California Jobs: Government Booms While Private Sector Crawls

Job seekers line up to enter a job fair at the Alameda County Office of Education on April 24, 2013 in Hayward, California. Over 100 job seekers attended the annual education job fair hosted by the Alameda County Office of Education where 200 jobs were available ranging from teachers to …
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California’s September job growth saw government employment booming at an annualized rate of over 12 percent — and the private sector crawling at less than 2 percent.

The Beacon Economics and University of California Riverside School of Business Center for Economic Forecasting and Development employment survey for September estimated that California added 52,000 jobs for the month. Although that sounds like strong 3.4 percent annualized job growth, government positions spiked by 27,000, which the private sector only hobbled along with a 25,700-job gain.

California’s strong September performance helped the state’s year-over-year job growth move up to 1.7 percent, substantially outperforming job gains for the rest of America, which slipped to a growth rate of just 1.2 percent for the last 12 months.

Given the need for employment to grow each month to accommodate population increases, Beacon reported that the California unemployment rate was unchanged at 5.1 percent. Company’s Founding Christopher Thornberg commented that California’s growth rates are slowing due to a “lack of available labor” for skilled positions, despite California’s unemployment rate being almost a point higher than the national average.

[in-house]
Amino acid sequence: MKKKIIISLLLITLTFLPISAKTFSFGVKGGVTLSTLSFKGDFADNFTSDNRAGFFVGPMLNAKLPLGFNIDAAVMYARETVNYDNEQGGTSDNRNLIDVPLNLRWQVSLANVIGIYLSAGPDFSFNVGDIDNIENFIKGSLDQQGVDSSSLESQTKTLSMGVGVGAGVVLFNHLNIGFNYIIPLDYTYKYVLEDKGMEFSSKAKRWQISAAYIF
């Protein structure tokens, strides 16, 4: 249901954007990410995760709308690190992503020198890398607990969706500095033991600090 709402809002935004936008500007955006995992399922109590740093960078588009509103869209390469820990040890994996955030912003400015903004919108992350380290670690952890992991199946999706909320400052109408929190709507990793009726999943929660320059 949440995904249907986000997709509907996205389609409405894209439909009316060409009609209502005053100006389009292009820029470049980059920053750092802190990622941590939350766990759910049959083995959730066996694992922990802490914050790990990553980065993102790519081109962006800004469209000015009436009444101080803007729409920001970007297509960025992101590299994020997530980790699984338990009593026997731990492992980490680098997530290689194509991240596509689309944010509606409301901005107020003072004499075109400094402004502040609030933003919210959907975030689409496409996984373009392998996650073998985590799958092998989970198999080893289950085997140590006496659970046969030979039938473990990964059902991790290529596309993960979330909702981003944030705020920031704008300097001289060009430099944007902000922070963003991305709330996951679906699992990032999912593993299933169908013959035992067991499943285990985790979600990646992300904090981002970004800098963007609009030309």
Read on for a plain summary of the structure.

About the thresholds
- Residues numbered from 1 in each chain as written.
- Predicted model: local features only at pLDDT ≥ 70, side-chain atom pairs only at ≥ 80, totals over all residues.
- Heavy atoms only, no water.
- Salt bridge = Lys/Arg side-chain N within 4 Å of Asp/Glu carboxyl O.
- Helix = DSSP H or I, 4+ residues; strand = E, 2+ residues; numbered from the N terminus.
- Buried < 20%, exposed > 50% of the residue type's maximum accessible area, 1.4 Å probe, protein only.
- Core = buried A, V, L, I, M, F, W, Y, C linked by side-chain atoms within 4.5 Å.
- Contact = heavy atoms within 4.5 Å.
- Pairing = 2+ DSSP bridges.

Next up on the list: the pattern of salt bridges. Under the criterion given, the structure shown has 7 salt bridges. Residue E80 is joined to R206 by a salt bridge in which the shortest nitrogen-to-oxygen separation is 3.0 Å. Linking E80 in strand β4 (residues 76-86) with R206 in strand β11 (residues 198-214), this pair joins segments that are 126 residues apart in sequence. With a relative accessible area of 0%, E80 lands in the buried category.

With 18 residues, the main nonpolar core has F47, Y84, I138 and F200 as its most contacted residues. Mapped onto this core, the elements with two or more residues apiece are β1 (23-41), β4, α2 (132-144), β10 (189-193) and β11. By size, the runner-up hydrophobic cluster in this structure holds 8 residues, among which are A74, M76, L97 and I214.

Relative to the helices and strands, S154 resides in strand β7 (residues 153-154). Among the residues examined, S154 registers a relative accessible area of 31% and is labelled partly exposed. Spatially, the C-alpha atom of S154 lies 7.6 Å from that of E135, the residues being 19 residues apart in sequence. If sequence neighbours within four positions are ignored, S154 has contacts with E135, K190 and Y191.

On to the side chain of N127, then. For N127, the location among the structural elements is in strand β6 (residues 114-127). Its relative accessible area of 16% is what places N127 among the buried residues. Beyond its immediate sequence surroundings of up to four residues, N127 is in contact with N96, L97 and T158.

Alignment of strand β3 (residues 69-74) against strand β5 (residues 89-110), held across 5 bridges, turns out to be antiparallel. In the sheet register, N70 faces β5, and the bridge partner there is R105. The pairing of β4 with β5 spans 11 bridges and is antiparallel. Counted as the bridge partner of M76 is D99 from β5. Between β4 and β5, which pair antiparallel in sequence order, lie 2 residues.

Looking at the breakdown of the data, Beacon pointed out that the unusually large pop in government sector jobs in September was concentrated at the local level. Given an unusually large decline in local government payrolls since June, Beacon suggested the numbers indicate an increase in teacher retirements, with “more teachers leaving their positions in June and those positions being filled in September.”

The best analysis of the CalSTRS state Teachers’ Retirement System is by the California Center Public Policy Center, which studied millions of 2012 data files and found that average annual “full career” pension payments for teachers who had worked for 30-year terms was $51,500. Those who worked 43-year terms earned $73,817.

But CalSTRS’ retirees are also guaranteed at least 2 percent “pension protection” payments each year, plus supplemental payments to offset 85 percent of inflation. Most also receive lifetime medical insurance with no premiums and tiny co-pays. The average CalSTRS retiree in September 2017 with 30-years of service received an initial annual pension of about $57,139; and those with 43-years of service received about $81,900.

Beacon’s other September job observations were gains of 5,100 positions in Wholesale Trade; 46,000 in Transport, Warehouse, and Utilities; 3,300 in Retail Trade, 3,000 in Professional, Scientific, and Technical Services; 2,600 in Leisure and Hospitality; and 2,500 in Construction. Job losses included 6,400 in the Administrative Support sector, and 1,300 in Manufacturing.

Los Angeles, the Inland Empire and Orange County dominated growth during September, with combined job gains of 28,800. But Silicon Valley, which Breitbart News reported last month has seen job growth slowing since May, actually turned negative with combined losses of 5,600 jobs for the San Francisco Bay Area, the East Bay, and San Jose.


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